May is Preservation Month and we’re recapping previous Most Endangered Historic Places listings in the nominator’s own words. You can read an update on the Warm Springs Bath Houses and Gibson Cottage and check back to hear updates on the Edith Bolling Wilson Birthplace Museum, Ashland Theatre and James River.
The following update is on the Carr-Greer Farmhouse courtesy of Steve Thompson of the Ivy Creek Foundation.
What prompted you to submit a nomination for the Most Endangered Historic Places list?
[The Ivy Creek Foundation] nominated the Carr-Greer house [in 2018] in the hopes that doing so would bring broader attention to the state of the building and to our organization’s efforts to preserve/rehabilitate it.
What condition is the Carr-Greer Farmhouse in today?
The physical condition of the building remains in need of repair, but the owner—a municipal government—has allocated funds for the first stage of study and planning and to address the most pressing issues concerning the building’s envelop (roof, foundation, exterior cladding). We are very hopeful that work to address stabilization and other repairs will begin before the end of the year. Given our current understanding of the likely total cost of the project, work will have to occur in stages and likely will take considerable time to complete. If all goes well, the envelope will be sealed and secure in a year’s time and while the building may be mothballed until additional funds become available. We would consider that a success.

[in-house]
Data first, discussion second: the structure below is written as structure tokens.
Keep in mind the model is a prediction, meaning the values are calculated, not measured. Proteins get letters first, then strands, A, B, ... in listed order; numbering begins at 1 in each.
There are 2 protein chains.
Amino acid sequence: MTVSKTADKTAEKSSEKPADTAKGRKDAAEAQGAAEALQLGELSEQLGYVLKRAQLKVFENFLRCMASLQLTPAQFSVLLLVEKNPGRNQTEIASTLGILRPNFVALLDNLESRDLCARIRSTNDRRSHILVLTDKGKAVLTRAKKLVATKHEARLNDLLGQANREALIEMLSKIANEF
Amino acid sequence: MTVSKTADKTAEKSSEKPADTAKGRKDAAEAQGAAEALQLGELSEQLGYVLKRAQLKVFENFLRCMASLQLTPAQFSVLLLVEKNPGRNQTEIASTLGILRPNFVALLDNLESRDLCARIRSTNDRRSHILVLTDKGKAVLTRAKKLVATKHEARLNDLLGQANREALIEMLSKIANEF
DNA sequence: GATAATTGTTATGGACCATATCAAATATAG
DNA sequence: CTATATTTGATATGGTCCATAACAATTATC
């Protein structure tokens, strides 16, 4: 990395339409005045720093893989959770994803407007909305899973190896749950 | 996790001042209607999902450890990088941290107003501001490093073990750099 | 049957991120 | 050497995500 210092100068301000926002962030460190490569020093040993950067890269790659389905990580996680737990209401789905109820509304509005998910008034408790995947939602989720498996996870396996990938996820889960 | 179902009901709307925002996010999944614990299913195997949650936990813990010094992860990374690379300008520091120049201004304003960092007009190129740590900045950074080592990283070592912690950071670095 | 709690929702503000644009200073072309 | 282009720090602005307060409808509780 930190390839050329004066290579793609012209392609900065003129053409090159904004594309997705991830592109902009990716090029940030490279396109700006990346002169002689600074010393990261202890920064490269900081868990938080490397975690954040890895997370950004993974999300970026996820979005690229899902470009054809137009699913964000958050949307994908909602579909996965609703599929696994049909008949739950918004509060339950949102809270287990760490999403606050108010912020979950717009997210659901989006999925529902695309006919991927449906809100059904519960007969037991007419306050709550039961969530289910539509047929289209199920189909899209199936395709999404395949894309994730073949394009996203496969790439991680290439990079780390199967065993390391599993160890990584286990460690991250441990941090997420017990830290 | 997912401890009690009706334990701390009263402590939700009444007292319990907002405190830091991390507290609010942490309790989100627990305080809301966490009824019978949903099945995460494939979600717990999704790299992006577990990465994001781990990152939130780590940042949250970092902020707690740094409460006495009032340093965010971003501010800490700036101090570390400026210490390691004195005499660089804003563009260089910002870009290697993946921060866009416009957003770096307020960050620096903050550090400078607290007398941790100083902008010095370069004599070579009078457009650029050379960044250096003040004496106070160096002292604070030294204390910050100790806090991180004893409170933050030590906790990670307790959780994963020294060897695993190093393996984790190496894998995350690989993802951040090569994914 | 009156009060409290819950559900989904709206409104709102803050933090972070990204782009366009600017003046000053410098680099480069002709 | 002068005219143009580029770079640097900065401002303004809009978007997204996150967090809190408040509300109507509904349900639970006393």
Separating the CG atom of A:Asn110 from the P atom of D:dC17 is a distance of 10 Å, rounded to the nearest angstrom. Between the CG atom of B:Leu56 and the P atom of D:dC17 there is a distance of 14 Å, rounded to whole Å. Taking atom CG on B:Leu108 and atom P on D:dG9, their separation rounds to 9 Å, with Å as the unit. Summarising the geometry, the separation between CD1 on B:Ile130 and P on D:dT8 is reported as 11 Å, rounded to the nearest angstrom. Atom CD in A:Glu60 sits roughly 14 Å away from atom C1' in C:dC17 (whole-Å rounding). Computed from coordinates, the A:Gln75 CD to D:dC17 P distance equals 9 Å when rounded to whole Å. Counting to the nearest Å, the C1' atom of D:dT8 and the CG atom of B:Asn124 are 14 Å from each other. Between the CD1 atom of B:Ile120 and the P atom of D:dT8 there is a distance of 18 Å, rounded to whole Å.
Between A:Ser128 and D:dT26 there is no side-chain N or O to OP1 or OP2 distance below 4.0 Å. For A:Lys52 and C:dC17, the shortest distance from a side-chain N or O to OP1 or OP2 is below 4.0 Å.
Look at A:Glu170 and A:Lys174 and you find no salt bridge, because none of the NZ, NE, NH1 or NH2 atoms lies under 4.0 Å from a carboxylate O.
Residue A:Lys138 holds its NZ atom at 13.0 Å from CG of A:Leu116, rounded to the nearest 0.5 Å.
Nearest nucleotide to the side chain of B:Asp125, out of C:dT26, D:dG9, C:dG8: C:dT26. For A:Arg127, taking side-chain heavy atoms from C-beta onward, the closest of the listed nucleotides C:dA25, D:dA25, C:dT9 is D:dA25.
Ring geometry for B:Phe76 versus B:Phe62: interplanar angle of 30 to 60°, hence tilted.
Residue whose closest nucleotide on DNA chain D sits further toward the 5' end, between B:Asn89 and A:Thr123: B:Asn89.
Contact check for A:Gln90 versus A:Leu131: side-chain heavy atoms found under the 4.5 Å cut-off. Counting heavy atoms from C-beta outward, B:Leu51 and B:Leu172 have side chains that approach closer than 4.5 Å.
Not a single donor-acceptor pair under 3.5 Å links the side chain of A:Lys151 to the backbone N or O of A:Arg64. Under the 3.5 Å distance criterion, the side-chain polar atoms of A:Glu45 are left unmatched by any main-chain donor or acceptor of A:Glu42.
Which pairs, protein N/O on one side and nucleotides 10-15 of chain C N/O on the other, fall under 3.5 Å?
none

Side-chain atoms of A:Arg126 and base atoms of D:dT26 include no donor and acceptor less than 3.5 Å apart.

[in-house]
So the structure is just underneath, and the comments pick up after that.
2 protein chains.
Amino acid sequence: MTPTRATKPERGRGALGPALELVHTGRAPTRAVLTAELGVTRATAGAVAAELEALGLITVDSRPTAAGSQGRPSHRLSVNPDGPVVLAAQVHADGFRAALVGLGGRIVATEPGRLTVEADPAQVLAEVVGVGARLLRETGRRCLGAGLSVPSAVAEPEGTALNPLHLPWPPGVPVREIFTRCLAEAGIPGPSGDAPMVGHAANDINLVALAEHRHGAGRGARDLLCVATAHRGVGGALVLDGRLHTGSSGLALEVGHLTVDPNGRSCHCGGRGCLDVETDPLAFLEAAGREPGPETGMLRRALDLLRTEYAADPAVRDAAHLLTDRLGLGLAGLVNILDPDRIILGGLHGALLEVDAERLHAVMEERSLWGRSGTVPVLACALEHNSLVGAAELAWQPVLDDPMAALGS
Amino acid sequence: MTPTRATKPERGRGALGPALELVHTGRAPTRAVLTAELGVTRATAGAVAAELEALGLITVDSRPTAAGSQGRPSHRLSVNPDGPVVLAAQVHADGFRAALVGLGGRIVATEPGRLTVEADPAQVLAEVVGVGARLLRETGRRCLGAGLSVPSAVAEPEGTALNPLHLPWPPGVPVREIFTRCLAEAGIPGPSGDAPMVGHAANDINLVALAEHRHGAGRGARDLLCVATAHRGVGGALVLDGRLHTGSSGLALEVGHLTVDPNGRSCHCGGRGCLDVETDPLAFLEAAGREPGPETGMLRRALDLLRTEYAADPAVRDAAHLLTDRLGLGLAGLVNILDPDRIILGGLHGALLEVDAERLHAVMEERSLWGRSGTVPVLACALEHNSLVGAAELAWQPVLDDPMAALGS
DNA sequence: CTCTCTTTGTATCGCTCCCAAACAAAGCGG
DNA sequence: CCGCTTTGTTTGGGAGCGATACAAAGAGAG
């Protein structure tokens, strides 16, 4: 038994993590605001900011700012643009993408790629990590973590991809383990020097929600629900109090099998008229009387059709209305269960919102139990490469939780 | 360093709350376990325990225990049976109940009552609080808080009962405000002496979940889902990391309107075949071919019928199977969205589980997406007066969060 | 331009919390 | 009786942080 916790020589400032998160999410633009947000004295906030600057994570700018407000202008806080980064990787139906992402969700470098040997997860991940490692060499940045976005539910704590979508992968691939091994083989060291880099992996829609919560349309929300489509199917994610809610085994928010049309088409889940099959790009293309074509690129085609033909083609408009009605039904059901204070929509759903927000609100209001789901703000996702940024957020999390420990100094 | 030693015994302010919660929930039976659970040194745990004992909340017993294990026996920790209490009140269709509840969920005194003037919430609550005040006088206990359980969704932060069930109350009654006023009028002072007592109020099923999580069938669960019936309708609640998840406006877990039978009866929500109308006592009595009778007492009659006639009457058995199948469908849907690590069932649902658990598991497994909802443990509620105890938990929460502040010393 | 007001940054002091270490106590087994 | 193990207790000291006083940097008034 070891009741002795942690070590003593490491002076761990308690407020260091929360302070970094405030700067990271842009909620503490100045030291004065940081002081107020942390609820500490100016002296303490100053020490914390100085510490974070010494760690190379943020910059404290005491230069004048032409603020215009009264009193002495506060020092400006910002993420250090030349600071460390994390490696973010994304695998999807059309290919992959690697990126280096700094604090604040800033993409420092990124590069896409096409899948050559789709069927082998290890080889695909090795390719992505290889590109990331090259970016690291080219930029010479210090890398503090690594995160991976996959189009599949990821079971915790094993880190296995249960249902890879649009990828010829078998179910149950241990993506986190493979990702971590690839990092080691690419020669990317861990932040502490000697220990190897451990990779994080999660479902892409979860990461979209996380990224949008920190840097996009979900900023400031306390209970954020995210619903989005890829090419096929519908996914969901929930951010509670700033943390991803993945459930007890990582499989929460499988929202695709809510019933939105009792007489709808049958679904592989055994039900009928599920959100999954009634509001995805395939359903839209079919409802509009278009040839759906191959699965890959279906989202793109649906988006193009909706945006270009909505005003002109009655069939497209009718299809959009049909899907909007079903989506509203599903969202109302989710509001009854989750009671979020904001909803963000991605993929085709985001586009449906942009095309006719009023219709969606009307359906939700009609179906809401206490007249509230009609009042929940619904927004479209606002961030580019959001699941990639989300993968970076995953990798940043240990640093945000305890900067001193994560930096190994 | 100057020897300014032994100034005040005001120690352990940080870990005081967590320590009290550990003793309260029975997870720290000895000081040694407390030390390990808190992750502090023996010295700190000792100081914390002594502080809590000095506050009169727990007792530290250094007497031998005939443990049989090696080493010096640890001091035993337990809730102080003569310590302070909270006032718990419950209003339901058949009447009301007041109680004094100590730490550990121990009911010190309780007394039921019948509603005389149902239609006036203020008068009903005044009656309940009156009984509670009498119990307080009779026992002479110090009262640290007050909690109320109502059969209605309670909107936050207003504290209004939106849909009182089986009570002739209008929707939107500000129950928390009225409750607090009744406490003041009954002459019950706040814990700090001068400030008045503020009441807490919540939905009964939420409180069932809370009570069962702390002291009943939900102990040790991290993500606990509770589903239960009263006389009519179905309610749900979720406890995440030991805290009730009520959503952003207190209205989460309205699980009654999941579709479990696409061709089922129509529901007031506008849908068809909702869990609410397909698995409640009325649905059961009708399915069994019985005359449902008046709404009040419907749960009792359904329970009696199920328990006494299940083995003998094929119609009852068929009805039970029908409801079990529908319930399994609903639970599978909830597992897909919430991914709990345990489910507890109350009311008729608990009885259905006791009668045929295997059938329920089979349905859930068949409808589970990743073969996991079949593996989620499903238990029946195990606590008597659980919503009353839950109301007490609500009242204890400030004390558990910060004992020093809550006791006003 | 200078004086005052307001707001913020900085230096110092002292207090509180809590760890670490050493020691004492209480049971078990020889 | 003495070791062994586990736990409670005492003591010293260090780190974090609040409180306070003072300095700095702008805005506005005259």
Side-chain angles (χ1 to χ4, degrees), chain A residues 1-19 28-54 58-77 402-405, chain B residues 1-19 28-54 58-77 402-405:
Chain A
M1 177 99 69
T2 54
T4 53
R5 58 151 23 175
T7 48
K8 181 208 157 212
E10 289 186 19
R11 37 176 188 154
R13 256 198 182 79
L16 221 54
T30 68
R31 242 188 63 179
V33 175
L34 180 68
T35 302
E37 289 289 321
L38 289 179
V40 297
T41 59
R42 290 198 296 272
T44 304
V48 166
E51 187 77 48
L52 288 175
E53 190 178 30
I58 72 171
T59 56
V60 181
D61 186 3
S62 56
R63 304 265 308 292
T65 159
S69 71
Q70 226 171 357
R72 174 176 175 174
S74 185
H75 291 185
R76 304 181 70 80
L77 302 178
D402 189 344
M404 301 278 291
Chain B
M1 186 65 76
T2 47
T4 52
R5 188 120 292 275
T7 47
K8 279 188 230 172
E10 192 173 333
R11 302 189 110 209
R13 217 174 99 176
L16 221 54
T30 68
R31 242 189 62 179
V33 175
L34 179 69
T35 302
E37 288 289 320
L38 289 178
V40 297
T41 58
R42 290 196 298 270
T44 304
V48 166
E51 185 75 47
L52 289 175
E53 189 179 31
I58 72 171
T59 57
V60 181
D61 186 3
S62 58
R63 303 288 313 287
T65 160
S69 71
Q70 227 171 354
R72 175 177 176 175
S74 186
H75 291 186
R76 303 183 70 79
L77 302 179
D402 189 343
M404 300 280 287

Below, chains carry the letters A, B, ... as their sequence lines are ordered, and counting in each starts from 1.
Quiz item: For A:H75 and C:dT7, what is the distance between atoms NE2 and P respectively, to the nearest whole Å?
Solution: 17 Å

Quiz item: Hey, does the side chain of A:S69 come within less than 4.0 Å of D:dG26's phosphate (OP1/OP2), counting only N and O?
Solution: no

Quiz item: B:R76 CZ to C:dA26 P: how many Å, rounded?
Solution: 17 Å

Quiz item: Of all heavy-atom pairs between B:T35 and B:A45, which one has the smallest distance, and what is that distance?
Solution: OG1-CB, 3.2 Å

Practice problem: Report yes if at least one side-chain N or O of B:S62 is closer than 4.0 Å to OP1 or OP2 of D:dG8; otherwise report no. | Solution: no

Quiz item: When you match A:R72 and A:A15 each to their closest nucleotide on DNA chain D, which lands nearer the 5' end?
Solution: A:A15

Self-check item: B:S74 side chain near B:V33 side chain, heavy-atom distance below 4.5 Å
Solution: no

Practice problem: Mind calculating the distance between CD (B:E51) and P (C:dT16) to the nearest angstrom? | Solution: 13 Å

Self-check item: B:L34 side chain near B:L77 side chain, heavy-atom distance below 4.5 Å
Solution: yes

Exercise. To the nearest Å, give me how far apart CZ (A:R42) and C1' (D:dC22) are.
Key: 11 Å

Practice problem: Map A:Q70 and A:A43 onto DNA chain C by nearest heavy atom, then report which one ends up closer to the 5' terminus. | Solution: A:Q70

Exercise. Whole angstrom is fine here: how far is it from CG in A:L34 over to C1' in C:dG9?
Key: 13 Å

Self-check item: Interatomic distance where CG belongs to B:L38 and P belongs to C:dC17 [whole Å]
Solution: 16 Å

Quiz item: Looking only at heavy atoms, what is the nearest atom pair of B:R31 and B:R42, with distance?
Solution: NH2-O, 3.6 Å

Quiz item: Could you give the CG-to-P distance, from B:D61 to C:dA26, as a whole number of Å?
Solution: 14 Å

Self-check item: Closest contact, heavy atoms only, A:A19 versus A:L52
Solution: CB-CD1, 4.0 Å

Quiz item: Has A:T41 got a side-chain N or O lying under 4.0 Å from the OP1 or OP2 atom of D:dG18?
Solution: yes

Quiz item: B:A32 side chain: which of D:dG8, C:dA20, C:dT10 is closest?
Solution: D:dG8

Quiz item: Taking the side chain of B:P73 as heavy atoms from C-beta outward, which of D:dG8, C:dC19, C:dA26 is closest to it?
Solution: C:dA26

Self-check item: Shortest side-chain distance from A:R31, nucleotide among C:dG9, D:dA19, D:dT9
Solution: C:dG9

How did being included on the Most Endangered Historic Places list help amplify your preservation efforts?
Inclusion on the list certainly provided a boost to our preservation efforts; based on the listing the local newspaper carried an article about the project, and we were invited to be interviewed on a local radio program. The attention did not last for too long following the announcement, however, although Preservation Virginia has followed up by inviting us to speak at a conference. In retrospect, it would have been useful to follow-up the announcement with other publicity and initiatives, such as a capital campaign.
How has the local community supported preservation efforts for your listing?
We are fortunate, in some ways, that this property is publicly owned as initial funding is coming from the municipalities – that is, from local taxpayers. Our organization has yet to launch its own capital campaign to contribute to the rehabilitation funds, though we anticipate having to do so.
How can the public further support your listing today?
By providing gifts of money, expertise, time, and/or materials.
What advice would you give to local organizations or individuals trying to preserve historic places in their communities?
Understand that it requires far more money, planning, expertise and time than you imagine.
Your support makes programs like the Most Endangered Historic Places list possible. Be a voice for historic places and stand with Preservation Virginia as we advocate for these historic sites by making your best gift to the Annual Fund. Together, we can preserve Virginia’s shared history, promote new vitality in communities and protect the places that make Virginia unique.